Bruno Fernando: From Angola to the NBA
Story by K.L. Chouinard
When a reporter asked Charles Barkley about the United States' first opponent in the lead-up to the 1992 Olympic Games, Barkley didn't equivocate about how his Dream Team squad would match up.
"I don't know anything about Angola, but Angola's in trouble," he deadpanned.
Twenty-seven years later, on the cusp of becoming the first player from Angola to play in the NBA, 21-year-old Bruno Fernando – a man fiercely proud of his home country – took a pragmatic approach to analyzing the match between his countrymen and a team populated by the likes of Michael Jordan, Magic Johnson and Larry Bird.
"I mean, they were in trouble," Fernando said with a grin. "Obviously, it wasn't easy to play against the Dream Team. I think the competition was there. Our basketball program back there has evolved and grown so much since then."
A 116-48 loss to the Dream Team may not have seemed like a step in the right direction, but in a sense it was. Angola qualified for that Olympics with a victory over Senegal in the 1992 FIBA Africa Championship, their second consecutive victory in an event that they came to dominate. From 1989 to 2013, Angola won 11 out of 13 African titles.
Fernando earned a spot with his country's esteemed national basketball program during that era of dominance. After first picking up the sport as a tall nine-year-old, Fernando joined the Angolan junior program within five years and eventually helped the team win the 2013 FIBA Africa Under-16 Championship.
That tournament win qualified Angola for the 2014 FIBA Under-17 World Championship in Dubai. It was there that Fernando caught the eye of many basketball observers with a strong game in the paint opposite a US team that featured Jayson Tatum, Harry Giles and Josh Jackson. Bruno scored 12 points and grabbed 13 rebounds against the eventual gold medalists, and in that performance, he paved the way to two years at top US prep schools and two seasons at the University of Maryland.
Now, after being selected with the 34th pick of the 2019 NBA Draft, the challenge for the 6-foot-10 forward/center is to expand his offensive game beyond what he was able to do in college, where he averaged 13.6 points and 10.6 rebounds last season largely on the strength of what he was able to do inside.
"We feel like there was more there than you were able to see at Maryland," President of Basketball Operations and General Manager Travis Schlenk said at Fernando's introductory press conference. "You're going to see him step out and shoot threes. He's going to be a good three-point shooter in this league."
In his two seasons at Maryland, Fernando attempted just 13 threes from the shorter NCAA three-point line and made four of them. At the same time, he demonstrated a scorer's touch on midrange jump shots from 10 to 15 feet. He also made 76.3 percent of his free throws as a collegian, an outstanding overall mark and one that might indicate the ability to stretch his shooting range outward.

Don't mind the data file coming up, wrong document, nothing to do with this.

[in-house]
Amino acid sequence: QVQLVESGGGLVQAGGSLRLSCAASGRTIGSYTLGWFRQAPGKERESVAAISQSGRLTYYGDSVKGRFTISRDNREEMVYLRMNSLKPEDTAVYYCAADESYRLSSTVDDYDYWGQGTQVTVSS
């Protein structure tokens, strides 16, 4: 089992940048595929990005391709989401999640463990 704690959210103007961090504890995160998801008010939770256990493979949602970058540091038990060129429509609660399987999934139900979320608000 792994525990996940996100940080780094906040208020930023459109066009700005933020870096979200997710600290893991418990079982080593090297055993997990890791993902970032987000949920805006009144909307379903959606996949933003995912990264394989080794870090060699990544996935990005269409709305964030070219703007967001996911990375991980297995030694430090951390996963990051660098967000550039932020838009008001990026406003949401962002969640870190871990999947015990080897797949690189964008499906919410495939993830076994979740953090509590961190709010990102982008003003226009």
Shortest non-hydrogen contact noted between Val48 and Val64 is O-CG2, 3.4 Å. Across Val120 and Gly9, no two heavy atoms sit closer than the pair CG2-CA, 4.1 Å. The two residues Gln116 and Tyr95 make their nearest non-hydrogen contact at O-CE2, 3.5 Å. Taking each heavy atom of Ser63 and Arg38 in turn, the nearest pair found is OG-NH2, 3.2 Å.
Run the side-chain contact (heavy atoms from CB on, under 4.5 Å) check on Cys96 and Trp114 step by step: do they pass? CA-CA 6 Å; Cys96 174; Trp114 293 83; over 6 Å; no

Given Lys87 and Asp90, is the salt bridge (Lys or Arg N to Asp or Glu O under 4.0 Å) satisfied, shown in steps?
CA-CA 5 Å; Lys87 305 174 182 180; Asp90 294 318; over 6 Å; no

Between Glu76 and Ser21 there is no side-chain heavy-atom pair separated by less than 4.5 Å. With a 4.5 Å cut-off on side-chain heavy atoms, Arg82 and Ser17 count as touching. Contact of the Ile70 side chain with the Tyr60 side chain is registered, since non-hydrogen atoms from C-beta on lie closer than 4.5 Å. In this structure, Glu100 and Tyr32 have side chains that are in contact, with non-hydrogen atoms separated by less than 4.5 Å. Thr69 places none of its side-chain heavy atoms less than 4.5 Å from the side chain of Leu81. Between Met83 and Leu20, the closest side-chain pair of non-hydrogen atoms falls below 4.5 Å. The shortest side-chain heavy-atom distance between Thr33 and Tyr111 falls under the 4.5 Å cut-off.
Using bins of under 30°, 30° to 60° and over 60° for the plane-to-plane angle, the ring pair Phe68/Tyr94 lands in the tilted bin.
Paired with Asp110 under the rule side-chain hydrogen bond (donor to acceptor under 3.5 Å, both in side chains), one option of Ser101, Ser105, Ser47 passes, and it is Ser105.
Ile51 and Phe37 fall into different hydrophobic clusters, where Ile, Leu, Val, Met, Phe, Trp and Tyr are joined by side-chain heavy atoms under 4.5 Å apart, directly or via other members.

Fernando wouldn't be the first center to add the three-point shot during Schlenk's tenure. Former Hawk Dewayne Dedmon converted 133 of 358 threes in his two seasons in Atlanta after only attempting a single three in his first four NBA seasons. Current teammate Alex Len, who also played his college ball at Maryland, made 74 of 204 threes (36.3 percent) last season – his first in Atlanta – after only converting six in his first five years as a pro.
Len noted that it took time to earn the respect of opposing defenses, but once earned, the opportunities abounded in an offense centered on pick-and-roll plays run by Trae Young and John Collins.
"The bigs couldn't help on the roll and J.C. was getting wide-open dunks," Len said of the way teams changed their defensive coverages of him. "If the bigs did help on the roll, it was a wide-open three for me."
By no means is the three-point shot the only challenge facing Fernando, even if it is the one most different than what he experienced at Maryland. He must also adjust to facing off against bigger, stronger players at the NBA level. He has to figure out how to communicate with teammates in a defensive scheme that he himself is just learning. He needs to improve at defending without fouling and protecting the ball when he has possession of it in the paint.
Of course, most (if not all) of these sorts of things can be said of every rookie pivot.
In the five games of the preseason, small steps of growth were evident in all of these areas. Fernando finished with 16 points, 15 rebounds and 4 assists in 80 minutes played. He tied for the team lead with four blocks.
Fernando also shot a sturdy 60 percent from the field in the preseason, making 5 of 7 twos and 1 of 3 threes.
"It was a good feeling. I'm not going to lie," Fernando said of his first professional long-distance connection. "I was wide open. I just caught the ball and shot it. I had a lot of confidence when I took the shot, and I knew it was going in."
If Fernando keeps making those shots, he might not be wide open for long – and that will be a good thing for both Bruno and the teammates with whom he shares the court.